The Calabash Nebula in an image released by NASA on Feb. 3, 2017. Taken by the NASA/ESA Hubble Space Telescope, it shows the star transforming from a red giant to a planetary nebula, as it blows gas and dust out into the surrounding space.
A view of Saturn’s moon Dione released by NASA on Feb. 21, 2017.
A view of the surface of Mars released by NASA on March 7, 2017, shows viscous, lobate flow features commonly found at the bases of slopes in the mid-latitudes of the planet.
A composite image released by NASA on April 12, 2017, showing the Earth’s full western hemisphere at night. This map of night lights is based on imagery from 2016.
An image acquired by the High Resolution Imaging Science Experiment camera on April 18, 2017, shows a rugged cliff edge on Mars. The image was released on June 22.
This composite image of the Crab Nebula, a supernova remnant, was assembled by combining data from five telescopes spanning nearly the entire breadth of the electromagnetic spectrum: the Karl G. Jansky Very Large Array, the Spitzer Space Telescope, the Hubble Space Telescope, the XMM-Newton Observatory, and the Chandra X-ray Observatory. The photo was released on May 10, 2017.
An image taken by the High Resolution Imaging Science Experiment (HiRISE) camera on the Mars Reconnaissance Orbiter shows spring in the northern hemisphere of the planet on May 21, 2017.
A late summer view of the southern hemisphere of Mars is seen in this image taken from NASA’s Mars Reconnaissance Orbiter and released on June 2, 2017. Shallow pits are seen in the bright residual cap of carbon dioxide ice. There is also a deeper, circular formation that penetrates through the ice and dust, possibly an impact crater or a collapse pit.
The SpaceX Dragon capsule re-entered Earth’s atmosphere before splashing down in the Pacific Ocean west of Baja California, Mexico, on July 3, 2017, in this photograph by NASA astronaut Jack Fischer.
An image showing an area of active magnetic fields on the sun, captured by NASA’s Solar Dynamics Observatory on July 5, 2017.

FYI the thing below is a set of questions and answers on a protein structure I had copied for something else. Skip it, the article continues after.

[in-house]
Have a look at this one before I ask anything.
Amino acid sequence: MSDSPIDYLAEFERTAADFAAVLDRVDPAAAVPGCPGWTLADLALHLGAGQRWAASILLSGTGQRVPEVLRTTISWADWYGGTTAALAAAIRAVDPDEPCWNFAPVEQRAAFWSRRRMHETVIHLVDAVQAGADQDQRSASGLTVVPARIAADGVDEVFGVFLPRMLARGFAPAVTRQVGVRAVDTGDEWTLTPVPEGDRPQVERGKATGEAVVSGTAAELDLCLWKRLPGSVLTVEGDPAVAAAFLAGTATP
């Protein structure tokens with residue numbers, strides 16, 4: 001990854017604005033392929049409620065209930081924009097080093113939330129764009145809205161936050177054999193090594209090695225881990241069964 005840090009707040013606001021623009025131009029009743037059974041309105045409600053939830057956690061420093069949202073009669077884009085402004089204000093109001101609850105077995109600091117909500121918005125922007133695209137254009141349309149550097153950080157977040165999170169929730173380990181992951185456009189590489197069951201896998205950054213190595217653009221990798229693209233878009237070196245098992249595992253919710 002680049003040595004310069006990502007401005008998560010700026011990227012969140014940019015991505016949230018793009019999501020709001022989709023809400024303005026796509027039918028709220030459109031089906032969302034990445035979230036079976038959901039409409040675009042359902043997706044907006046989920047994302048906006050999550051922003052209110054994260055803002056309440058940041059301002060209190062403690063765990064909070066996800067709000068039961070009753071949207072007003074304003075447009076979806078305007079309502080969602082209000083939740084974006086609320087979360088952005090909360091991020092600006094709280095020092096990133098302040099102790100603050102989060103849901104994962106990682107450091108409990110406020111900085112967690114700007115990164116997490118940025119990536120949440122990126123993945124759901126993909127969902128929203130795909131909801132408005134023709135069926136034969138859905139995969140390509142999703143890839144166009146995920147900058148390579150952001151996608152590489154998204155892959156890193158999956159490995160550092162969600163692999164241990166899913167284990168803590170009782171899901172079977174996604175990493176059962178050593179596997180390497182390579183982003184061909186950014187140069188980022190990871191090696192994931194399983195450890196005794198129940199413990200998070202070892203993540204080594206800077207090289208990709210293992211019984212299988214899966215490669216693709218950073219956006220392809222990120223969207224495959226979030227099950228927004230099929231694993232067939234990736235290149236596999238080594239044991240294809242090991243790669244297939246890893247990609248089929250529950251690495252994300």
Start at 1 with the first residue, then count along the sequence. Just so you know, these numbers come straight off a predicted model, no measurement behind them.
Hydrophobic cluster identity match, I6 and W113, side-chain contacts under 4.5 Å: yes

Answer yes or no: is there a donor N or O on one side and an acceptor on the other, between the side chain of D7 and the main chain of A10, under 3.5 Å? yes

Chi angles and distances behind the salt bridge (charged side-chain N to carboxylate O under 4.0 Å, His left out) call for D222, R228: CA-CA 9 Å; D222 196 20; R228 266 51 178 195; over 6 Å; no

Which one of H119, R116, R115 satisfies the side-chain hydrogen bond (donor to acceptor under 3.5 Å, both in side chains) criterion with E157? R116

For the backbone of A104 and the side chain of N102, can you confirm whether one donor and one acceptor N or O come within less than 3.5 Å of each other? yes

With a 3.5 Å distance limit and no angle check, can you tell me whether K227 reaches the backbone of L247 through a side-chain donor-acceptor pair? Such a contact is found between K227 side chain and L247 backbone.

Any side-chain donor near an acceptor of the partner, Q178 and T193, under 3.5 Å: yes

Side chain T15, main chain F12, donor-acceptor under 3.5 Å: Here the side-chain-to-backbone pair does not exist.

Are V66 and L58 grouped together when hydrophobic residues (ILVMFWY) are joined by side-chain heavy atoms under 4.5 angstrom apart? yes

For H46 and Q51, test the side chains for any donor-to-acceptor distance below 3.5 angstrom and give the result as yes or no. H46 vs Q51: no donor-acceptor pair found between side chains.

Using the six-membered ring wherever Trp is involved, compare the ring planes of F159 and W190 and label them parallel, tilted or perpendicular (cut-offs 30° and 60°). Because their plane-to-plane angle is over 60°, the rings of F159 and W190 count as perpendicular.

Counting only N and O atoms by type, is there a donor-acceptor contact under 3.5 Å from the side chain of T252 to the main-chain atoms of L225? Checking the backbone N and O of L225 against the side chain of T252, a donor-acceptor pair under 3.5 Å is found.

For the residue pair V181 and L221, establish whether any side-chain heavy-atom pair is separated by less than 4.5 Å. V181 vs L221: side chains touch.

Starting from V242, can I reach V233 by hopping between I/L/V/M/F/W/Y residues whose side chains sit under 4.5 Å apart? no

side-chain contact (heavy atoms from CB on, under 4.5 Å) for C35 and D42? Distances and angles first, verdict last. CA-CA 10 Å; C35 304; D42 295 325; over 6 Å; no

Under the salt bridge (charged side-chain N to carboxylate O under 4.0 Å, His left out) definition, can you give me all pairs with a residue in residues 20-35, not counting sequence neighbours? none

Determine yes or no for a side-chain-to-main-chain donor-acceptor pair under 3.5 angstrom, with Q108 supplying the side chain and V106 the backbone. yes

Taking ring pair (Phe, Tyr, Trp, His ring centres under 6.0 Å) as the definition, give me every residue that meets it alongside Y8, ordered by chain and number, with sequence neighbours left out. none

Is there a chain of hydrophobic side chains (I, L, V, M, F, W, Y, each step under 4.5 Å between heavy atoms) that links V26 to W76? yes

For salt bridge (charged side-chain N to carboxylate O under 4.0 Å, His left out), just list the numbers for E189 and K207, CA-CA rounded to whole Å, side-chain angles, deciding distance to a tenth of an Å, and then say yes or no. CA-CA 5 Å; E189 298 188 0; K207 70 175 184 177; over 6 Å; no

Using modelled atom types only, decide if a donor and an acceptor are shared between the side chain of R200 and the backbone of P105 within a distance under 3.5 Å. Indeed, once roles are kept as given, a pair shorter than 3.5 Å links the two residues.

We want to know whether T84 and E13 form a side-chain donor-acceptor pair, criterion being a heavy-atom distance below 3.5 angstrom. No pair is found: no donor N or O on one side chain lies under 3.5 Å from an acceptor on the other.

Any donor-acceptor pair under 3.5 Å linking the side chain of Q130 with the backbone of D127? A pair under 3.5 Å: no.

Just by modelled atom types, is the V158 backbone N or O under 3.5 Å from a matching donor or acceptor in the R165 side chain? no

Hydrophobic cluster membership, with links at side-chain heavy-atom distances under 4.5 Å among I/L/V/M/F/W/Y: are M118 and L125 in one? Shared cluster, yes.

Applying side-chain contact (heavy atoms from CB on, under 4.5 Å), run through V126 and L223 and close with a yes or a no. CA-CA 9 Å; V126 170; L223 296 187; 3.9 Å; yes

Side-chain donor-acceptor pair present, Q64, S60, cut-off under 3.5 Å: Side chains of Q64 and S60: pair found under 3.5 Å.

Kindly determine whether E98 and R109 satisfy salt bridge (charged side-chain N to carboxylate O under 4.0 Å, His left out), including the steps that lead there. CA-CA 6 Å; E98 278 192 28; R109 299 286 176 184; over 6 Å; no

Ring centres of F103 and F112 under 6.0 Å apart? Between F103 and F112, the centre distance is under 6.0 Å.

Jupiter’s Great Red Spot fades from view while the dynamic bands of the southern region come into focus, in this image taken on July 10, 2017, from the JunoCam imager on NASA’s Juno spacecraft. North is to the left of the image, and south is on the right.
A medium-sized solar flare and a coronal mass ejection erupting from the same large active region of the sun on July 14, 2017.
A picture taken with a telescope shows the Orion Nebula in the sky over the Hanthawaddy golf course in Bago, Myanmar, on Dec. 24, 2017.
The moon rises in this photo, taken in low Earth orbit by NASA astronaut Randy Bresnik from the International Space Station on Aug. 3, 2017.
The dwarf galaxy named NGC 5949 is seen in this NASA/ESA Hubble Space Telescope image released on Aug. 11, 2017.
A total solar eclipse, which provided scientists with a rare chance to investigate the sun and its influence on Earth, as seen on Aug. 21, 2017.
The diamond ring effect is visible as the moon passes in front of the sun during a total solar eclipse seen from the Big Summit Prairie ranch in Ochoco National Forest near Mitchell, Oregon, U.S., on Aug. 21, 2017.
Coronal holes on the sun are shown in this image from NASA’s Solar Dynamics Observatory during Nov. 7-9, 2017.
Swirling cloud formations in the northern area of Jupiter’s north temperate belt are seen in this color-enhanced image taken by Juno on Feb. 7, 2018.
This image captures the swirling cloud formations around the south pole of Jupiter, looking up toward the equatorial region. NASA’s Juno spacecraft took the color-enhanced image during its 11th close flyby of the gas giant planet on Feb. 7, 2018.
The lone active region visible on our Sun put on a fine display with its tangled magnetic field lines swaying and twisting above it (April 24-26, 2018) when viewed in a wavelength of extreme ultraviolet light.
Swirling cloud belts and tumultuous vortices within Jupiter’s northern hemisphere are shown in this image from Juno spacecraft on May 23, 2018.
The color-enhanced image was taken on May 23, 2018, as NASA’s Juno spacecraft performed its 13th close flyby of Jupiter.
The first image ever produced of a black hole, taken by the Event Horizon Telescope on April 10, 2019 and observed at the center of Messier 87 in the Virgo galaxy cluster. The telescope was designed specifically to capture images of black holes, through a planet-scale array of eight ground-based radio telescopes around the world.
This image by NASA astronaut Christina Koch shows the launch of a Russian Soyuz rocket, as seen from the International Space Station, during its approach on Sept. 25, 2019.
I think we can agree that the verse quoted at the start is true! (Unless you’re a Flat Earther, and deny the glory of the heavens.)